The Roman Catholic office overseeing parishes in Maricopa, Coconino, Yavapai and La Paz counties has missed its own deadline to publish a report detailing sexual abuse by priests.
The Diocese of Phoenix promised to publish a comprehensive list of abusive clergy and a financial accounting by June 14. The Arizona Republic (http://bit.ly/NaJbto) reports that diocese officials are refusing to discuss why they missed their own deadline.
The report is supposed to detail the church abuse scandal in Phoenix, where more than two dozen priests were either arrested or accused of sexual misconduct. The scandal erupted in 2002 with the release of diocesan files in Boston and is believed to have cost about $3.3 billion in settlements and verdicts nationwide.
Diocese officials say the report is now expected to be published in the fall edition of the diocese-produced "Catholic Sun" newspaper.
"We are working on it," diocese communications director Rob DeFrancesco said. "We do not have anything else to add at this time."
The diocese said last year that the report would be ready in time for the 10th anniversary of the U.S. bishops' Charter for the Protection of Children and Young People, known as the Dallas Charter. The charter was the bishops' response to the erupting scandal.
A bishop recently called the Republic and suggested the newspaper contact the diocese vicar general to discuss the details of the report. But now the caller, Auxiliary Bishop Eduardo Nevares, says the Rev. Fred Adamson doesn't want to release the report "in bits and pieces."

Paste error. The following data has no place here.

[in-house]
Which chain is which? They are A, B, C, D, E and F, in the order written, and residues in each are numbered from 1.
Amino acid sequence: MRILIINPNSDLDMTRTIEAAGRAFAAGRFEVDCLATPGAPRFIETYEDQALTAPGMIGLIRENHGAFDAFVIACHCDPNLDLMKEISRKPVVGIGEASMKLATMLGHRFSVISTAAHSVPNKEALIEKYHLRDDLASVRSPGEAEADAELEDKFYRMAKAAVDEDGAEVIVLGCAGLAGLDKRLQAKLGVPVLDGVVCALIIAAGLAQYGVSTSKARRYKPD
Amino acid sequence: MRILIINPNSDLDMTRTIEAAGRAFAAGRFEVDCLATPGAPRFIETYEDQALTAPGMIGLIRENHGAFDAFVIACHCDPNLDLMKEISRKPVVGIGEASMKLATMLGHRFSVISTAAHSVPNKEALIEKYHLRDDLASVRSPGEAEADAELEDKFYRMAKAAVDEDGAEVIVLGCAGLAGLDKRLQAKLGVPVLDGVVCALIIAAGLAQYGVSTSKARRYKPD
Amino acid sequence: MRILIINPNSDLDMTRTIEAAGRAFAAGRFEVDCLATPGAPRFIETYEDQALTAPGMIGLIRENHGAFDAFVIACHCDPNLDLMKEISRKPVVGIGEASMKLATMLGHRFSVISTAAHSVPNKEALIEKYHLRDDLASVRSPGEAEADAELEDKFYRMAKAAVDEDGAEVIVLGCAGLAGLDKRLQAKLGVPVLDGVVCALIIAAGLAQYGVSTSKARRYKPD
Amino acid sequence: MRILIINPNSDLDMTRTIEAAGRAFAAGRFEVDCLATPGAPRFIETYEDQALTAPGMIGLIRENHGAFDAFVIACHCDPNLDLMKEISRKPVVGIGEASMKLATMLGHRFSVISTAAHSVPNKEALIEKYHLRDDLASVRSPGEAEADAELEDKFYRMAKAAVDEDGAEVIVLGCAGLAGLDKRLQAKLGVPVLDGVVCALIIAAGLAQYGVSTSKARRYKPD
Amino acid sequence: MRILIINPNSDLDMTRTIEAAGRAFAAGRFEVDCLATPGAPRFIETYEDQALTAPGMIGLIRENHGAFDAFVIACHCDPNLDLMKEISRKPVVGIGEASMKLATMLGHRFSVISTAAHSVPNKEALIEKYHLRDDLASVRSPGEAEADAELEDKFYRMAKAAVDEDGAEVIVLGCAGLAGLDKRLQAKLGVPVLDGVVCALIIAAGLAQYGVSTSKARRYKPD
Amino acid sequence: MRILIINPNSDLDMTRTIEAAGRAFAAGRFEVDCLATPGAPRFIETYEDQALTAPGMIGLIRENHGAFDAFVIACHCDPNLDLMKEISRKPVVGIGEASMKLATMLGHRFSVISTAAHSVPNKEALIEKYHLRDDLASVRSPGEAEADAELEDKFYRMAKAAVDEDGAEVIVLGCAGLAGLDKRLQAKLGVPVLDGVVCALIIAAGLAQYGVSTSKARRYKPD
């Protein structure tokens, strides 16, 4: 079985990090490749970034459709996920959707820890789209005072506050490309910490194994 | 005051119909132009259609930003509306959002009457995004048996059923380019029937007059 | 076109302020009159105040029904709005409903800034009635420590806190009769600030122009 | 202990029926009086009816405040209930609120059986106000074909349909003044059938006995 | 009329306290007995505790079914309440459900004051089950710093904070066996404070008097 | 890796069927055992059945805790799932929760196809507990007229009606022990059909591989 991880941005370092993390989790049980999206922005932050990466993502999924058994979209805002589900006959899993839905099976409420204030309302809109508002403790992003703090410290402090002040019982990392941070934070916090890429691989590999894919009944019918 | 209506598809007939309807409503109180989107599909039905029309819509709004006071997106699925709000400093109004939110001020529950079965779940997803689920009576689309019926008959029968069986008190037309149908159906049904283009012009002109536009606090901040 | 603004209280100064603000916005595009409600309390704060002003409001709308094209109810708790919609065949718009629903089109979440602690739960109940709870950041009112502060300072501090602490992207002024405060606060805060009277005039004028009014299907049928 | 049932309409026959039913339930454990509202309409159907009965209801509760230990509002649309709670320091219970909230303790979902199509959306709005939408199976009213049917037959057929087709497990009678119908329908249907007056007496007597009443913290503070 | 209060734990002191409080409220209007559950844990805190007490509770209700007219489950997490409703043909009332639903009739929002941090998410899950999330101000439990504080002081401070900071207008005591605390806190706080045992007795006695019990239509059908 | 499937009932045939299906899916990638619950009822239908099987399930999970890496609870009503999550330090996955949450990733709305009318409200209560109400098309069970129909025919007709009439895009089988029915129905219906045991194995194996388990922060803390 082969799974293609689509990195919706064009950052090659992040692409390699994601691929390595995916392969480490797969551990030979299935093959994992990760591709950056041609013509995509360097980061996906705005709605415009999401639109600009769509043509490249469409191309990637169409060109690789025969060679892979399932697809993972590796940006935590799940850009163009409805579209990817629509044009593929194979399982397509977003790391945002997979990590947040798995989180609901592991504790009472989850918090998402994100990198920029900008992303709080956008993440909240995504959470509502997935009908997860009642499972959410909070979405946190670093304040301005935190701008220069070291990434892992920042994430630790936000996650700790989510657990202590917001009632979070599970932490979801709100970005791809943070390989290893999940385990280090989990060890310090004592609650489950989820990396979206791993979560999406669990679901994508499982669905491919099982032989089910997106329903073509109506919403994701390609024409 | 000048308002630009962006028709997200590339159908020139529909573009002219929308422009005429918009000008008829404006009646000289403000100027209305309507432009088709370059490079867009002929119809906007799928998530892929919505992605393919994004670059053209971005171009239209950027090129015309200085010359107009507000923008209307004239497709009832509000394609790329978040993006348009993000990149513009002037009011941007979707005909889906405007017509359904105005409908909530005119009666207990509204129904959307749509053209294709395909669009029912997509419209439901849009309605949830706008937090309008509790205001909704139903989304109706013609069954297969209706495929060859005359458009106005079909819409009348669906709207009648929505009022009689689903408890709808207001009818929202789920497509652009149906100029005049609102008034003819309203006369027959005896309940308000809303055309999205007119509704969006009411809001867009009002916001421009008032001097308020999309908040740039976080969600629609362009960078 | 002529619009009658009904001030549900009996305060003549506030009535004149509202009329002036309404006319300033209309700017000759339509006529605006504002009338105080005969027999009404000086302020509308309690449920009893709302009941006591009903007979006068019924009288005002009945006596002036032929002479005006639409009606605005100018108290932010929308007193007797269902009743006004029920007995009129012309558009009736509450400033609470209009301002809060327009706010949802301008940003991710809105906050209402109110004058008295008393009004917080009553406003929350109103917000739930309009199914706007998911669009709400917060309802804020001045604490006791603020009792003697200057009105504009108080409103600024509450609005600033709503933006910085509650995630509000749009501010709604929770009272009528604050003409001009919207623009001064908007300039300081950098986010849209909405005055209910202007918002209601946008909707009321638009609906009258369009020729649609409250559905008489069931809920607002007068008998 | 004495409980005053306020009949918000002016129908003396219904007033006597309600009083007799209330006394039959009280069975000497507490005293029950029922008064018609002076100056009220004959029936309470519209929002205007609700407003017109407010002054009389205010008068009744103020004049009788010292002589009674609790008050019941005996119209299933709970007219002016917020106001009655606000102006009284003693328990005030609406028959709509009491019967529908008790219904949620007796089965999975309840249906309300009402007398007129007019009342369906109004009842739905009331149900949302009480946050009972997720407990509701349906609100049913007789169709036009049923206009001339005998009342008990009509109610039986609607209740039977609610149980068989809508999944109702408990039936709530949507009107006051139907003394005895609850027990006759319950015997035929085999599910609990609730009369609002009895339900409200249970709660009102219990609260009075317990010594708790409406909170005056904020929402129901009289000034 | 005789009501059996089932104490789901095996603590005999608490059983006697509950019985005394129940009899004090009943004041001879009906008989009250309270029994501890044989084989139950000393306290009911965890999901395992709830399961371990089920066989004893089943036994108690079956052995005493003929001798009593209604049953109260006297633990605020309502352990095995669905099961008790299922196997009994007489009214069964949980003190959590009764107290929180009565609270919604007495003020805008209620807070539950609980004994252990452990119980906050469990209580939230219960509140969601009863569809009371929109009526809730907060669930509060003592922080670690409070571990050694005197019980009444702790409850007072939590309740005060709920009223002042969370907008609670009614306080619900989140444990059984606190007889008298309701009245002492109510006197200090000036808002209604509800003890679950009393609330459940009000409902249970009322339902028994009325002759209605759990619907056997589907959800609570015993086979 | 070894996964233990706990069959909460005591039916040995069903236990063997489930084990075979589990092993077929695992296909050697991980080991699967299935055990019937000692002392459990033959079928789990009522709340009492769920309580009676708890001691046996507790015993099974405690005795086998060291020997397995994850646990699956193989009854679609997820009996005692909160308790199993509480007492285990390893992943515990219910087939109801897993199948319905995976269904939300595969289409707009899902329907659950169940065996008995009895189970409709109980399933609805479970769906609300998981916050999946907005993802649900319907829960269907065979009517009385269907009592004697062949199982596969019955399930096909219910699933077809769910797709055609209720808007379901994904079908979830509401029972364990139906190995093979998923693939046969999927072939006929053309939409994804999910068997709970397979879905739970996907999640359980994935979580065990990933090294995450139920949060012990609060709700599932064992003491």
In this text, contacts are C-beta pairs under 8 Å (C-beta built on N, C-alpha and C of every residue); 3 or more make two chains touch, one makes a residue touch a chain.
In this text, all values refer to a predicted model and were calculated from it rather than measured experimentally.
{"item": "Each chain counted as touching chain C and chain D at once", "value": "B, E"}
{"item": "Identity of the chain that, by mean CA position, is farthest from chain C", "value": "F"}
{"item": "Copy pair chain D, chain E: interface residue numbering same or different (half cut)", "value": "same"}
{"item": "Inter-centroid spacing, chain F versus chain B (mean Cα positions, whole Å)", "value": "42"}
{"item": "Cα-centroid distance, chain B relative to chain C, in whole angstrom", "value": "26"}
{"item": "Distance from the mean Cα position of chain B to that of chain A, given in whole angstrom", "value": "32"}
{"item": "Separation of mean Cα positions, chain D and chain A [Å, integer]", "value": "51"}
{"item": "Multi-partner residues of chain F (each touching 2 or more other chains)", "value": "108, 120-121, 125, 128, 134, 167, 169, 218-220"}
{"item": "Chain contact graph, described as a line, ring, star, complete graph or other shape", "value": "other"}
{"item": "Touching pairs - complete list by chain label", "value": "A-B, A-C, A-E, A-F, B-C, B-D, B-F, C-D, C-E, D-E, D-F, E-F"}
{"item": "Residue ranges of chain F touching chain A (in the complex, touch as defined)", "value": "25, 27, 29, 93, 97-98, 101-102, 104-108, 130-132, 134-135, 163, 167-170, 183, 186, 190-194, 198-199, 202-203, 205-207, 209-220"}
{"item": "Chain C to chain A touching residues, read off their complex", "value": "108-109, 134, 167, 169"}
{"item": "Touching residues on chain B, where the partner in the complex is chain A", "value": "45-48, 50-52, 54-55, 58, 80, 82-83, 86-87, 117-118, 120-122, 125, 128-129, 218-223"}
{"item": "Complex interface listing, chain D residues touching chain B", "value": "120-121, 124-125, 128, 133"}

The diocese previously said the report would include a full list of credibly accused clergy in the diocese. In 2004, as part of a report to the national bishops' organization, the diocese listed 18 men, but that list has grown to more than 30, depending on how the counting is done.
The Republic maintains an updated list, and the website bishopaccountability.org, created by laypeople after the scandal began to keep as many public documents available as they can find, also attempts to list abusive priests.
"Credibly accused" is a term dioceses use to note that a situation of abuse could have happened in the way described by a victim. In many cases, the "credibly accused" clergy have never been charged by authorities, sued by victims or suspended by diocese leaders.
The count is complicated by several factors, including its spinoff from the Tucson Diocese more than 40 years ago, numerous religious orders and priests from overseas.